Headlines about data breaches and how it affects merchants and consumers are a common theme these days. Payment flaws have allowed fraudsters to hack systems and steal sensitive information affecting everyone including major retailers, SMBs and consumers.
But there may be some hope in fighting against data breaches and making shopping more secure via credit and debit cards with a new, dynamic card-verification value (CVV). And with fraudsters recently shifting their focus to card-not-present environments like eCommerce, this new type of CVV code could make a difference in the fight against data breaches.
Greater Online Security with Dynamic CVV
Worldpay Inc., a Cincinnati-based payment processor and technology provider, decided that it was time to start focusing on security for credit and debit cards so that card issuers are more protected from these data breaches.
According to Digital Transactions, Worldpay is currently testing their solution – Motion Code-enabled credit and debit cards that use a dynamic CVV code. They are piloting the solution with two undisclosed credit unions and a bank before it becomes available to the public, which is expected by the end of 2018.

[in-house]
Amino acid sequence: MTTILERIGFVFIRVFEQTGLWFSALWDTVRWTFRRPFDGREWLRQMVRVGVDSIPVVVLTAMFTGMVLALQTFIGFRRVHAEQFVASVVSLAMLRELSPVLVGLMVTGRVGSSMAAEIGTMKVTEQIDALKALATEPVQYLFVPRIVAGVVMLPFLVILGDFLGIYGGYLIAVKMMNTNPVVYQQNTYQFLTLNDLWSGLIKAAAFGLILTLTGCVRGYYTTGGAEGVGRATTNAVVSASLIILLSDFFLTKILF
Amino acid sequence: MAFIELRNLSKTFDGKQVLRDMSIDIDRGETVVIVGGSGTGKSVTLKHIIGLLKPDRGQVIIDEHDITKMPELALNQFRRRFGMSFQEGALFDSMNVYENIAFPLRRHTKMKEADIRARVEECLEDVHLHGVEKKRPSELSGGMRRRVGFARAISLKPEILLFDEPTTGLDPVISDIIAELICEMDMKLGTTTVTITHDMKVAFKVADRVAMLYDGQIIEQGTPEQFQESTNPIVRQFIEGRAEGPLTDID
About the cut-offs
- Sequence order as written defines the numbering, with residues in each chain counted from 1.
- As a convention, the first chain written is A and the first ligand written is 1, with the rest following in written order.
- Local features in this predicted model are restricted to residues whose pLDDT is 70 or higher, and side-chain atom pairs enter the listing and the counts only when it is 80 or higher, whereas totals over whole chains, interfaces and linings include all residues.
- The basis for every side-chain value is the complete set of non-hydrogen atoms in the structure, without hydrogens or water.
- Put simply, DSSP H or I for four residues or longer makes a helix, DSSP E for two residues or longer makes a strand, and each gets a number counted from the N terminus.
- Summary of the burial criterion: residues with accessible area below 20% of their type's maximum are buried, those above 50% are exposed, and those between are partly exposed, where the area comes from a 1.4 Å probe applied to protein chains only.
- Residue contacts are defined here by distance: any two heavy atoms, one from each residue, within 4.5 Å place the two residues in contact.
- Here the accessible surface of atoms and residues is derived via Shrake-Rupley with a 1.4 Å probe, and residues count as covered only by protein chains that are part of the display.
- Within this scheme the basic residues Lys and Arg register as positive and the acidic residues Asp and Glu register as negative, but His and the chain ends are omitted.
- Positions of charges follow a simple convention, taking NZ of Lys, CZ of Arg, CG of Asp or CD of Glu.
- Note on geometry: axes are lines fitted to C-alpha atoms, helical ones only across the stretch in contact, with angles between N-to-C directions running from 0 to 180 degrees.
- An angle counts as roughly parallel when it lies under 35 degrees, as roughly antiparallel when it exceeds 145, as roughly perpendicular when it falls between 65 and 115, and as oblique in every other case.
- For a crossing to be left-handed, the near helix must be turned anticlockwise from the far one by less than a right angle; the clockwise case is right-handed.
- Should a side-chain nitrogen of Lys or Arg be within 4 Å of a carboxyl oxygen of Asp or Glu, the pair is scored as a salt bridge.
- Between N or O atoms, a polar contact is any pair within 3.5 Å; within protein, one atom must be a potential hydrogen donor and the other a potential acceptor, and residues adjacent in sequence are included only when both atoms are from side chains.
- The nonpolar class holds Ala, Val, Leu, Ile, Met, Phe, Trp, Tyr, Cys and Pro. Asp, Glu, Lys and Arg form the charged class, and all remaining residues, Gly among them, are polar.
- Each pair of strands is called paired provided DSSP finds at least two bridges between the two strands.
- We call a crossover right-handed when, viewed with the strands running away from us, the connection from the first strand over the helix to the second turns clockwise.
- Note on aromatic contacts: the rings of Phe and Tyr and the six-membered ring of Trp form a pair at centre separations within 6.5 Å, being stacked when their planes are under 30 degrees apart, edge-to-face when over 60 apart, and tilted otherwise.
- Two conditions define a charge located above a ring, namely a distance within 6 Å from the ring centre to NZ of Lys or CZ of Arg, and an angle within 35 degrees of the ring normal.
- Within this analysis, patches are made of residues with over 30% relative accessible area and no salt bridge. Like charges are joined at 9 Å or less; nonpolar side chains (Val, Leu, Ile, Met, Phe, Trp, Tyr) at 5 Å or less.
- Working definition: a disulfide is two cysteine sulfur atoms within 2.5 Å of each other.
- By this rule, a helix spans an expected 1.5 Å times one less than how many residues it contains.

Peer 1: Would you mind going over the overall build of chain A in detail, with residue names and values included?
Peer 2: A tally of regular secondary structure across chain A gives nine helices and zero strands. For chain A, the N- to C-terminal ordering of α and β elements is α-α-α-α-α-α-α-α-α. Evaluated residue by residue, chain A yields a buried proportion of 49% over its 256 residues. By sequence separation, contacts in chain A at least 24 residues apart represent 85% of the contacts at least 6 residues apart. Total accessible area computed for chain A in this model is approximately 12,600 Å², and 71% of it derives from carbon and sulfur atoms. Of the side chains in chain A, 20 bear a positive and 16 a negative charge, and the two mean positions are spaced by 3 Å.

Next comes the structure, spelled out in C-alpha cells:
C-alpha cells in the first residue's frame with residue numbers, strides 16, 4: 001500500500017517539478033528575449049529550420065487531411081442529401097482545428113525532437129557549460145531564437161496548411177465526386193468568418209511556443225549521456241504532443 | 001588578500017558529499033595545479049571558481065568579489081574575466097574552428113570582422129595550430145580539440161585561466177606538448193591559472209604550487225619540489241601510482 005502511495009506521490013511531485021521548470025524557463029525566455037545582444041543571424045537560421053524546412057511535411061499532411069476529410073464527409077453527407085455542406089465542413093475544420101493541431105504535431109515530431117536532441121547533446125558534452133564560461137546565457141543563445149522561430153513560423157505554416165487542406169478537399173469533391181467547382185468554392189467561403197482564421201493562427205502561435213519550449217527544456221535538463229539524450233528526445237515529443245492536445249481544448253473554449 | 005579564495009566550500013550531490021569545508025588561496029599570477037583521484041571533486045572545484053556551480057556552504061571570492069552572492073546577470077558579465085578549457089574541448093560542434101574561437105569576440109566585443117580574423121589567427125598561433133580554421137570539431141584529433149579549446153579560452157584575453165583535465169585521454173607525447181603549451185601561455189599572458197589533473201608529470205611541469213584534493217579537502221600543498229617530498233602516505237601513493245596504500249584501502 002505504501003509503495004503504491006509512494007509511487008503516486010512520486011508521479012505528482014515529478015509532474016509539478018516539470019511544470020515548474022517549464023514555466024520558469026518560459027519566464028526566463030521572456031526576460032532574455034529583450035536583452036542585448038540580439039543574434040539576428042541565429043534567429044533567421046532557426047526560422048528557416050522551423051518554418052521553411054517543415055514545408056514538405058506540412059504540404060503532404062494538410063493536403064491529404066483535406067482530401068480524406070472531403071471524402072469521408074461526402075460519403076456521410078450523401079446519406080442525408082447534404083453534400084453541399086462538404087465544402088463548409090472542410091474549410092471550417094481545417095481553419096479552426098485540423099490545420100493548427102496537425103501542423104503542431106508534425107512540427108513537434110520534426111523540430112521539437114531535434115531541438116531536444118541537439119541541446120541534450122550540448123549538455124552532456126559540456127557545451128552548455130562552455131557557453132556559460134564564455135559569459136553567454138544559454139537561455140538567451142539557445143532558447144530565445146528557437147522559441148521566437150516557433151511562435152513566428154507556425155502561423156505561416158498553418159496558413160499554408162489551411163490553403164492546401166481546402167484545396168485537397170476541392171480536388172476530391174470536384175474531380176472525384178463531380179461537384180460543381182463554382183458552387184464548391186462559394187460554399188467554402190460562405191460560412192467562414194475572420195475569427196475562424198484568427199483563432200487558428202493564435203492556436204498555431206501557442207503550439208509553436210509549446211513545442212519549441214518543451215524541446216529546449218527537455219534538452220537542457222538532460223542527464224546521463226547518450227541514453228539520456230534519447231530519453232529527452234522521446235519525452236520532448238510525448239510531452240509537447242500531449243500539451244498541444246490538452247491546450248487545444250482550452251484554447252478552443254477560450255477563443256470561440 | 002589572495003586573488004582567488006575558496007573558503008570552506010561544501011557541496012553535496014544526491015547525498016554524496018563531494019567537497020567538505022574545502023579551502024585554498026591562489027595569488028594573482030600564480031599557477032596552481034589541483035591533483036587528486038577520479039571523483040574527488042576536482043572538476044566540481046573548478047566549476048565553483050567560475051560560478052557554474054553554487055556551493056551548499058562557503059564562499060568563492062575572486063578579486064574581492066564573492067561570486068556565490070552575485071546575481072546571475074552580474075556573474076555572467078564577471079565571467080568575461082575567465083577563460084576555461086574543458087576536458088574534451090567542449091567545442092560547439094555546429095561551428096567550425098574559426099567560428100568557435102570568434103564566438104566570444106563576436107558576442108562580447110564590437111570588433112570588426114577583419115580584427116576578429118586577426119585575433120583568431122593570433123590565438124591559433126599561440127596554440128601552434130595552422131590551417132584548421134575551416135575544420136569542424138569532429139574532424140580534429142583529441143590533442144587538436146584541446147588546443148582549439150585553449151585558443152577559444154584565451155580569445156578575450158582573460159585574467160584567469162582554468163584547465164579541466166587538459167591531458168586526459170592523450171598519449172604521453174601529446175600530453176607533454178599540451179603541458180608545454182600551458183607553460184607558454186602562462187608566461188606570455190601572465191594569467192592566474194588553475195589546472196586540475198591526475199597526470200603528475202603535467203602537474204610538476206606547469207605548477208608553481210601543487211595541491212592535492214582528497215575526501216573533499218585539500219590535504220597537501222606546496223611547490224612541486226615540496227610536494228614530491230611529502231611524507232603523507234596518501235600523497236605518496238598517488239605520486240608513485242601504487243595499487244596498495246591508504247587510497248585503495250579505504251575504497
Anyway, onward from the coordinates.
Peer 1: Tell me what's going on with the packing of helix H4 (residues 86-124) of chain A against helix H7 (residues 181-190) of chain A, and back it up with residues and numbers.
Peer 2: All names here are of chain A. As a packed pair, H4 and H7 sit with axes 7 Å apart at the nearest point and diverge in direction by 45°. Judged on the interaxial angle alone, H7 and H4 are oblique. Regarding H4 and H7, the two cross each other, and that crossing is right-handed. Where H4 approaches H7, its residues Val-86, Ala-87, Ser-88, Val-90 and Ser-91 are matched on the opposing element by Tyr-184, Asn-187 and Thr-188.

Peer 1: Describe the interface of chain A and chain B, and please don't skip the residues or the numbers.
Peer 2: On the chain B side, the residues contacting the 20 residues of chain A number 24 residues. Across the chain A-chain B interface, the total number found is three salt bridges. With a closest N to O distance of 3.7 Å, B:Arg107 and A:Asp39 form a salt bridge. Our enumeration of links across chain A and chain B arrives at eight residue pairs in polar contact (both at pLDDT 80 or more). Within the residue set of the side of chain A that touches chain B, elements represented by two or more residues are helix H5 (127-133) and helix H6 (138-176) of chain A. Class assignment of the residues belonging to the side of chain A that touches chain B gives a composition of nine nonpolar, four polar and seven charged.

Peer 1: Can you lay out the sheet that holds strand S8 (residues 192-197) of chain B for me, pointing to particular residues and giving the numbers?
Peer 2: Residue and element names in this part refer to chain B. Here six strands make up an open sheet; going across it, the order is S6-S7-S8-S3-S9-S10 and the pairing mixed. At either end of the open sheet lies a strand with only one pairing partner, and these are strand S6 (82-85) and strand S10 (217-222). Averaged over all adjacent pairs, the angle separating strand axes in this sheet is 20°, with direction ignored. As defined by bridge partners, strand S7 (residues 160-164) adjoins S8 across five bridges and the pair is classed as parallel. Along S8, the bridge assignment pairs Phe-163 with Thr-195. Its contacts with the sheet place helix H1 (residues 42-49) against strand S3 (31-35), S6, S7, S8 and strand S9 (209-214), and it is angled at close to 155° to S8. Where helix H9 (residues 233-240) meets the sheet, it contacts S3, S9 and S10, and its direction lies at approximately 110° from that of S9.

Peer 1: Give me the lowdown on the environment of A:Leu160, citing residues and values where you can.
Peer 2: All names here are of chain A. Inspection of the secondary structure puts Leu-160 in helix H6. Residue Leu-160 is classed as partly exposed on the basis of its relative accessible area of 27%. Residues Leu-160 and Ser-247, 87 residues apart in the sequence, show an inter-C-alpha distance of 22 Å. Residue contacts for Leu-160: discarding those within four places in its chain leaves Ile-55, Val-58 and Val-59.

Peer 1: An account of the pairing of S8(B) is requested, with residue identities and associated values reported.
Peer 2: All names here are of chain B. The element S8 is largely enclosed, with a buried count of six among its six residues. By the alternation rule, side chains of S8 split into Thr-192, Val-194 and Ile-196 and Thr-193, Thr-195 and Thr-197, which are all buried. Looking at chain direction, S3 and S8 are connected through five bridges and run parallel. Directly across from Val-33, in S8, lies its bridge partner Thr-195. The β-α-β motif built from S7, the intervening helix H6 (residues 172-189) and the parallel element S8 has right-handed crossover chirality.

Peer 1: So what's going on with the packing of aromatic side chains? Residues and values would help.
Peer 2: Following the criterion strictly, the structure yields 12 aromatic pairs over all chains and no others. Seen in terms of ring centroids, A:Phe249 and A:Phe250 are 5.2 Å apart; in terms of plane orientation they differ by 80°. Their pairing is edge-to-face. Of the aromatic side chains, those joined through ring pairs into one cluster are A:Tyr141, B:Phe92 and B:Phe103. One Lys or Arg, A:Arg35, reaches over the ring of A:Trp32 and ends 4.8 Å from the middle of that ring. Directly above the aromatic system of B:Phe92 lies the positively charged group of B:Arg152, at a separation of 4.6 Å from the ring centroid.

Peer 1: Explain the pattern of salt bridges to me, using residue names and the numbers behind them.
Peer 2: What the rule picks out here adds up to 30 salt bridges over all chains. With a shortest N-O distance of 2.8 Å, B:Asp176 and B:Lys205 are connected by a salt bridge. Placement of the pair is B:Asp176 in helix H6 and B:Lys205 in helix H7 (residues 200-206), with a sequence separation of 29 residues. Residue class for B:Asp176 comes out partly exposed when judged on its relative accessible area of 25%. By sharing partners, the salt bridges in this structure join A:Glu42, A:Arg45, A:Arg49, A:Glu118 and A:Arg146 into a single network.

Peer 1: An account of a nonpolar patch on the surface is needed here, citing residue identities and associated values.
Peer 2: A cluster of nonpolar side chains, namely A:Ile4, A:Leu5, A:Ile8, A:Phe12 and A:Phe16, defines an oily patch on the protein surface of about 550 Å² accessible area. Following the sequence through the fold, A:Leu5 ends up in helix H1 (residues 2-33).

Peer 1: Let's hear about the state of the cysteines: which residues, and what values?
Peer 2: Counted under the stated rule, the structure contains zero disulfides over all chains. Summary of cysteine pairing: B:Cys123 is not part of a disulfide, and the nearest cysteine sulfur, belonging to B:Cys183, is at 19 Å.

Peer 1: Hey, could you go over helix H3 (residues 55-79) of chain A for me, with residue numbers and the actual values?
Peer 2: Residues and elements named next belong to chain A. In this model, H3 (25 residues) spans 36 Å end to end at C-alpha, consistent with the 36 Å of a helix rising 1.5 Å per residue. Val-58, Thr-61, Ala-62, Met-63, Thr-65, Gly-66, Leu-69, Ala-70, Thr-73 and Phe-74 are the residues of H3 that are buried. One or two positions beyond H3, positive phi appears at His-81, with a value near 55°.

What is a Motion Code-Enabled Card?
Idemia a smart-card making company, developed Motion Code technology that replaces the static printed CVV code on the back of a credit or debit card. The frequency of the new dynamic CVV code changes based on each card issuer’s specification. A dynamic CVV code means a criminal may obtain the card number but will be unable to verify the CVV because it will have changed. And this will help stop fraud.
The new cards will contain:
- An electronic ink display on the back instead of the static CVV code which will always be visible, and a cardholder won’t have to press a button to activate it.
- The conventional EMV and contactless features that credit and debit cards currently have today.
Motion Code-enabled cards range from $15 and $17 – which is not cheap compared to your typical $2 EMV card. However, the dynamic CVV codes will hopefully prevent card issuers from having a data breach and help them produce a return on investment.
How Does a Motion Code-Enabled Card Transaction Work?
A transaction will work like any other transaction for both the cardholder and the merchant. Merchant integration isn’t needed. However, the process changes on the backend after the data flows to the card issuer for authorization. The card issuer will check the CVV code against a Worldpay server to ensure its validity, and then the card issuer will make the ultimate decision about the authorization.
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